Over the years, I have kept coming back to the words of Edwin Friedman, “Stress comes less from overwork than from taking responsibility for the problems of others.” We can adapt these words for church finance: “Stress comes less from money challenges than from taking responsibility for the money problems of others.” So often pastors end up carrying the anxiety for church finances. Who is staying awake at night? It’s often the pastor, although I talked recently with a church treasurer who was losing sleep over whether there would be enough money in the account to pay the bills. In fact, the potential shortfall does not belong to the treasurer but to the church, but the treasurer is the one who was carrying all the anxiety
Family systems theory includes the idea of overfunctioning and underfunctioning, where some take too much responsibility, and others do not take enough responsibility. There’s something of a dance between the two, a balance that gets created. In church finance, perhaps the most obvious example is the way that a small percentage of members frequently give the lions share of the budget. The 80/20 rule is operative here, with 20% of the congregation giving 80% of the money. Often it’s 90/10, with 10% giving 90% percent.
The pattern is often at work in how the minister relates to the church financial life. This can be seen in a variety of ways: the minister may be the largest single giver to the congregation (and often no one knows that). Or, the minister accepts a salary year after year which is not adequate, because the church just can’t afford it – or, as is becoming increasingly common, takes a salary reduction to balance the budget (without necessarily a reduction in hours).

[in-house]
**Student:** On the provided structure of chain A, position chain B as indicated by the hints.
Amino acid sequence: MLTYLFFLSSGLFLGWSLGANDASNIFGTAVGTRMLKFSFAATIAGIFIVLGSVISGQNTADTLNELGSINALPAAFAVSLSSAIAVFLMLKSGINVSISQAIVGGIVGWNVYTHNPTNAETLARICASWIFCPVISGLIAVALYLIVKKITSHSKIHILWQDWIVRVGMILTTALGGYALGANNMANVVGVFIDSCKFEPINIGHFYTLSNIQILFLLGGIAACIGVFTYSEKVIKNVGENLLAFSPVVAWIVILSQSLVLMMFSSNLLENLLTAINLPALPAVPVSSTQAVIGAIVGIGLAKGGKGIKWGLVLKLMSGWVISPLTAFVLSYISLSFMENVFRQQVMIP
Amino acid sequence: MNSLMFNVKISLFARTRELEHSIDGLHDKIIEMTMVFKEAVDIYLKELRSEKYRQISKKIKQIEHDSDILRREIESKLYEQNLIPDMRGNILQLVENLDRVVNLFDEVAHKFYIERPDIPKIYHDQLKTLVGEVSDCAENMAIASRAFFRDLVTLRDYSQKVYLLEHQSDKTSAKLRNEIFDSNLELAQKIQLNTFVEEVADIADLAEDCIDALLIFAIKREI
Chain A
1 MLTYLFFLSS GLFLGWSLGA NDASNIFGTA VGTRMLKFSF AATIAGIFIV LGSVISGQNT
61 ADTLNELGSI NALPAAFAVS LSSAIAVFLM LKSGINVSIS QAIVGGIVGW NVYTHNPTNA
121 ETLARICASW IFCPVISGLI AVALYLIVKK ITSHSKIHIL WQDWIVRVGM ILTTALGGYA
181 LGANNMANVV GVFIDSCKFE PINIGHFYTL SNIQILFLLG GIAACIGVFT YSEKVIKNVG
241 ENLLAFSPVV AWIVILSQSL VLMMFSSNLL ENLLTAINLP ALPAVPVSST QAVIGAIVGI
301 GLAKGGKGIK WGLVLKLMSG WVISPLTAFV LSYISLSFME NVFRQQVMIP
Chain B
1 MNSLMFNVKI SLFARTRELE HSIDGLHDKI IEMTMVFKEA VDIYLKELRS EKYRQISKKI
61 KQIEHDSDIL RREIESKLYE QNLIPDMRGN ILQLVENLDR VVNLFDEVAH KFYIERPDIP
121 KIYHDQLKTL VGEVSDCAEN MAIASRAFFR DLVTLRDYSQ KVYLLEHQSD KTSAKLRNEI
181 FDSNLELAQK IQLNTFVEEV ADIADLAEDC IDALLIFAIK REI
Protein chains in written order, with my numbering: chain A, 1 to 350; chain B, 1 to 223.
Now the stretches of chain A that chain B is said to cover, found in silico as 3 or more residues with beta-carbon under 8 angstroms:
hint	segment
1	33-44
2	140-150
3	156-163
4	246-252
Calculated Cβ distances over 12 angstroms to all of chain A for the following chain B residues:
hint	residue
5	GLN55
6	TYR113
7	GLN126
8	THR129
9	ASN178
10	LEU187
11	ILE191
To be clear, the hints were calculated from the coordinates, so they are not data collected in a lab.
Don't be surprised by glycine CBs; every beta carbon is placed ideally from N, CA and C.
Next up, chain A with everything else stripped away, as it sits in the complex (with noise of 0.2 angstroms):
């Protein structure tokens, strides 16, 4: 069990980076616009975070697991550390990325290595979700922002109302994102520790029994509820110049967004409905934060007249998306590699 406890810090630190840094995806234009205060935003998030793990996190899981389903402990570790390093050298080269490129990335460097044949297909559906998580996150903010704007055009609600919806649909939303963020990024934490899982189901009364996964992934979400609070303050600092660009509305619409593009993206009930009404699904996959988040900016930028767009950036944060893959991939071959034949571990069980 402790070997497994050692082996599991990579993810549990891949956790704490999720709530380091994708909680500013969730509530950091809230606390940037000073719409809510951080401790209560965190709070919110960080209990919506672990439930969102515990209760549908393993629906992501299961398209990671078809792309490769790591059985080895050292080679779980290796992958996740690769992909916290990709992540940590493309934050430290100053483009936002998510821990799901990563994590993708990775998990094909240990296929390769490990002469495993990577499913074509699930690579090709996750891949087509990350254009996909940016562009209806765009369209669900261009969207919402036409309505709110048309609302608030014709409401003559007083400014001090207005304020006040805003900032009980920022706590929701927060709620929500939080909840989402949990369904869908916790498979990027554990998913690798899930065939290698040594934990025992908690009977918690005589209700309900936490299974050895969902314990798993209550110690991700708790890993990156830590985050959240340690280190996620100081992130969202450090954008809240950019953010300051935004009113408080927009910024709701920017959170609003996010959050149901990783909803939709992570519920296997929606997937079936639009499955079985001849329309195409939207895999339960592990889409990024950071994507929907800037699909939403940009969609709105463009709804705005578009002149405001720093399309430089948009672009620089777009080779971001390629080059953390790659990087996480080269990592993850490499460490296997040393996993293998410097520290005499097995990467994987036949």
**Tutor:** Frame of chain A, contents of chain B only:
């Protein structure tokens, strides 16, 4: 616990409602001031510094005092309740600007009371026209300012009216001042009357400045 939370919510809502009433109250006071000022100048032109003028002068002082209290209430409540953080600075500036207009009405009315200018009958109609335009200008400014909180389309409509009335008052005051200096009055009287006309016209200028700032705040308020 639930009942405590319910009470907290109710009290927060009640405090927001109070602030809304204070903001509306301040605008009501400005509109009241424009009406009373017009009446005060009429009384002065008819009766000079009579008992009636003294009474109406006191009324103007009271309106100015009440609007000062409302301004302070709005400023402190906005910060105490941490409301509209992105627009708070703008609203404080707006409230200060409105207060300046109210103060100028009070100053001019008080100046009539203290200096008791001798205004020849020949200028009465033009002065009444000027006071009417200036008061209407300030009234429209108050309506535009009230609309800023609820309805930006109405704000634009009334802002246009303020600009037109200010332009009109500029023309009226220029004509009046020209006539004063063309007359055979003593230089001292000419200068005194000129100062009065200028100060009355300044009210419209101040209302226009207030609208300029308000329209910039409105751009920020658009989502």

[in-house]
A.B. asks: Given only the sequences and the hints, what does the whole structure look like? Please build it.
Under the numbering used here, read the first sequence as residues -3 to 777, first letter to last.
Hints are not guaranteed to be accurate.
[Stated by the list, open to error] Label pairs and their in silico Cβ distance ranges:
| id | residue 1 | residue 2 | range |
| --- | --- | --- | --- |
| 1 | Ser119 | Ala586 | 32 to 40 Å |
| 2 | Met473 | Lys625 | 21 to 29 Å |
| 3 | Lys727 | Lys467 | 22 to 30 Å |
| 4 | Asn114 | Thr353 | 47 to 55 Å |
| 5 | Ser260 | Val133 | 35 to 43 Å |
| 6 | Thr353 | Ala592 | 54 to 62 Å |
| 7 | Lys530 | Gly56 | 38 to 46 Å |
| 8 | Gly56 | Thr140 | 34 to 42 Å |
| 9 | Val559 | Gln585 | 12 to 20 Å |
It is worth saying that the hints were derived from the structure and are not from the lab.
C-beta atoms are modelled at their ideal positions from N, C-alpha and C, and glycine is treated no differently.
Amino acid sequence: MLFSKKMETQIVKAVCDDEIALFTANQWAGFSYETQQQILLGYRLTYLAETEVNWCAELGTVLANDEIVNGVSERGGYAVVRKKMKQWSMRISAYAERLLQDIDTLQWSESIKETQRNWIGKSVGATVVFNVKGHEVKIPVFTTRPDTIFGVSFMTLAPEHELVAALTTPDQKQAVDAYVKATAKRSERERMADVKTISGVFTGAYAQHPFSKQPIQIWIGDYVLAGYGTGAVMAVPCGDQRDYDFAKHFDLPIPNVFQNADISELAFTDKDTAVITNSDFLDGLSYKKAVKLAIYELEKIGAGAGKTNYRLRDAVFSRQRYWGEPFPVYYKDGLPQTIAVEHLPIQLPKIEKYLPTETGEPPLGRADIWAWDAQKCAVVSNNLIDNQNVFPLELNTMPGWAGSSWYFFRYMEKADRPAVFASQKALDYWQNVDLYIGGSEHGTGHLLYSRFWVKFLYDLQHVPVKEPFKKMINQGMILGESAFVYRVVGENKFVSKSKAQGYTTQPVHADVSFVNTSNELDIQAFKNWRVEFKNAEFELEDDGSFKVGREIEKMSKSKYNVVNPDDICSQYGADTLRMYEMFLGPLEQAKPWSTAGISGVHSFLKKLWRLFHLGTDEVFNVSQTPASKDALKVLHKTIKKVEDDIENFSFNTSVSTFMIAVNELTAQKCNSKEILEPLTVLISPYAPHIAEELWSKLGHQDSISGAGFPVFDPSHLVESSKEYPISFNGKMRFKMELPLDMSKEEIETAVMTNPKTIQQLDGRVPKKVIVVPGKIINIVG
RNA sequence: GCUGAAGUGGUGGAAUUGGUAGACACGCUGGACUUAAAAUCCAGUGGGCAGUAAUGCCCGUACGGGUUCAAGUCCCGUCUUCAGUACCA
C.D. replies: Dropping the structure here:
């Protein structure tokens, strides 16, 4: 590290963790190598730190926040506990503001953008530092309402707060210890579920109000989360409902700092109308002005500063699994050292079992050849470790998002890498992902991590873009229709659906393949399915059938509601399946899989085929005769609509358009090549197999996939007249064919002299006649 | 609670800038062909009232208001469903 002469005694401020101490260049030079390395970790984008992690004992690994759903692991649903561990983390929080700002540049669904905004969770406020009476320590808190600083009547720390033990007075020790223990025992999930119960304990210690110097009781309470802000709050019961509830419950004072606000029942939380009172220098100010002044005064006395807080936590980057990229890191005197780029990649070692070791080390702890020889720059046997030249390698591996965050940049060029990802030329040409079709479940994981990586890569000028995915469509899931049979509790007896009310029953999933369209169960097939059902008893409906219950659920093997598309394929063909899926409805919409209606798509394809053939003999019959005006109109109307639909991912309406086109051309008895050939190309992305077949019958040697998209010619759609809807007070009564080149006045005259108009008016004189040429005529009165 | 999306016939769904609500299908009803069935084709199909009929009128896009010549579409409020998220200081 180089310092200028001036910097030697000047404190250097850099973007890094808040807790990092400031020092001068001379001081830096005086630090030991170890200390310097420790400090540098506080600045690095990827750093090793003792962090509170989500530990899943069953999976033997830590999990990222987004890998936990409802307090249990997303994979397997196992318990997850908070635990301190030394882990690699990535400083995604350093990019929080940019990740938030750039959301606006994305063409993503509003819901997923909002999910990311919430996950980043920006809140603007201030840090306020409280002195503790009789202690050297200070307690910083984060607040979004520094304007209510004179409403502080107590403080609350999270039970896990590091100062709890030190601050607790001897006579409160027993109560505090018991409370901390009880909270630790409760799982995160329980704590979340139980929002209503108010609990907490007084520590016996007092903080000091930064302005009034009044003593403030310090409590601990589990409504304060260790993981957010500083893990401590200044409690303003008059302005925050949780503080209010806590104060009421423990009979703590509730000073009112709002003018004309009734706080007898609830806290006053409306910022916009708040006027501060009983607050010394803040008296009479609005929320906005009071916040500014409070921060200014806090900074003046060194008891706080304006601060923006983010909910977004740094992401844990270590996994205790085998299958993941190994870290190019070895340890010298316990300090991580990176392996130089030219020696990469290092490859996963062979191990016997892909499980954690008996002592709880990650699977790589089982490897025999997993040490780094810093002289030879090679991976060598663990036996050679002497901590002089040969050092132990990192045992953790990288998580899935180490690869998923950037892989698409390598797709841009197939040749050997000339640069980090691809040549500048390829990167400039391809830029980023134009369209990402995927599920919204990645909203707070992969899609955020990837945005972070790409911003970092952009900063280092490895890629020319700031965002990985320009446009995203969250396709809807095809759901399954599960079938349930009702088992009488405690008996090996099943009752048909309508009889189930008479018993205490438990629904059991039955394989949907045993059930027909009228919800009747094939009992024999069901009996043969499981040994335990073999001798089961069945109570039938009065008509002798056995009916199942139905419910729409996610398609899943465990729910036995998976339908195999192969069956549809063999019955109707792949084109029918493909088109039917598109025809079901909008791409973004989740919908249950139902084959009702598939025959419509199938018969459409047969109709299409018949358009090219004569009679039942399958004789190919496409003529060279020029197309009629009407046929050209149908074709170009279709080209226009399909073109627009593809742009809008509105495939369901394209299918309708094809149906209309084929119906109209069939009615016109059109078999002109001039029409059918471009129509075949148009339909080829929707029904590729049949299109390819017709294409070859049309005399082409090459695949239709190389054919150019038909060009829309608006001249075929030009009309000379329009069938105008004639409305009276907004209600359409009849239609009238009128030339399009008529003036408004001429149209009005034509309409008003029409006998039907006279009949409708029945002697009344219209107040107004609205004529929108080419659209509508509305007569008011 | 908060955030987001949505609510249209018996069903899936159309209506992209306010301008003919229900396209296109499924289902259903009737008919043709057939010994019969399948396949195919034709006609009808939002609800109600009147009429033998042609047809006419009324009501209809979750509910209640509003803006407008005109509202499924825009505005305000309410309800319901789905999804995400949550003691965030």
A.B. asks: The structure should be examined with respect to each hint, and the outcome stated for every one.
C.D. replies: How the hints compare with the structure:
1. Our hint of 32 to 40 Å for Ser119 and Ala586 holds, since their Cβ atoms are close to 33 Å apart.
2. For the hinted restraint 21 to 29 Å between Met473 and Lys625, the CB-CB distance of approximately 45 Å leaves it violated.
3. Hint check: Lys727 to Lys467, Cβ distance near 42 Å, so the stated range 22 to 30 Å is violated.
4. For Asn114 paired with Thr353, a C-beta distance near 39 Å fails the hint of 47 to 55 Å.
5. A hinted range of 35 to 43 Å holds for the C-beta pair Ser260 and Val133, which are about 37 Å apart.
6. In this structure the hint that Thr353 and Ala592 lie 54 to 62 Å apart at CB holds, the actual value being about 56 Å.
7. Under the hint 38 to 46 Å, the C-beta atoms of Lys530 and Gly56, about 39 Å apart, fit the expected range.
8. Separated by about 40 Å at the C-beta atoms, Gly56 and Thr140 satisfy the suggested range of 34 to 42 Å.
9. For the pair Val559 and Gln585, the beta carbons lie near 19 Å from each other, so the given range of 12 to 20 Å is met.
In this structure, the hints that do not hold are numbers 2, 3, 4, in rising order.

Overfunctioning can show up in other areas of church money. Some churches have one family or individual who can be relied on to rescue the budget at the end of the year. The other members can underfunction in their giving because they know (consciously or unconsciously) that someone will come to the rescue. Sometimes a church member will give a gift for a specific project, to underwrite a salary or to pay for a consultant if there is a problem. There’s nothing wrong with special gifts per per se, but sometimes they serve to relieve others of appropriate responsibility for the life of the church.
Overfunctioning is driven by anxiety. We feel anxious as to whether others are going to step forward and be responsible, and so we step in, either to help them, or to do it ourselves. The basic rule of the overfunctioning-underfunctioning reciprocity, as it’s called, is that underfunctioners do not step up to take responsibility until overfunctioners step down. For most of us who were born to overfunction, this is not easy. And when it’s in a high-anxiety area like money, it’s even more difficult.
When pastors and church leaders realize their own overfunctioning around money in church life, what should they do? First of all, it’s important simply to watch the pattern. How closely can you observe what you do? You don’t even have to try to change what you do – if you begin to observe yourself. Beginning to recognize the pattern is an important first step.
What do you notice, if anything, about how you overfunction around money in church life?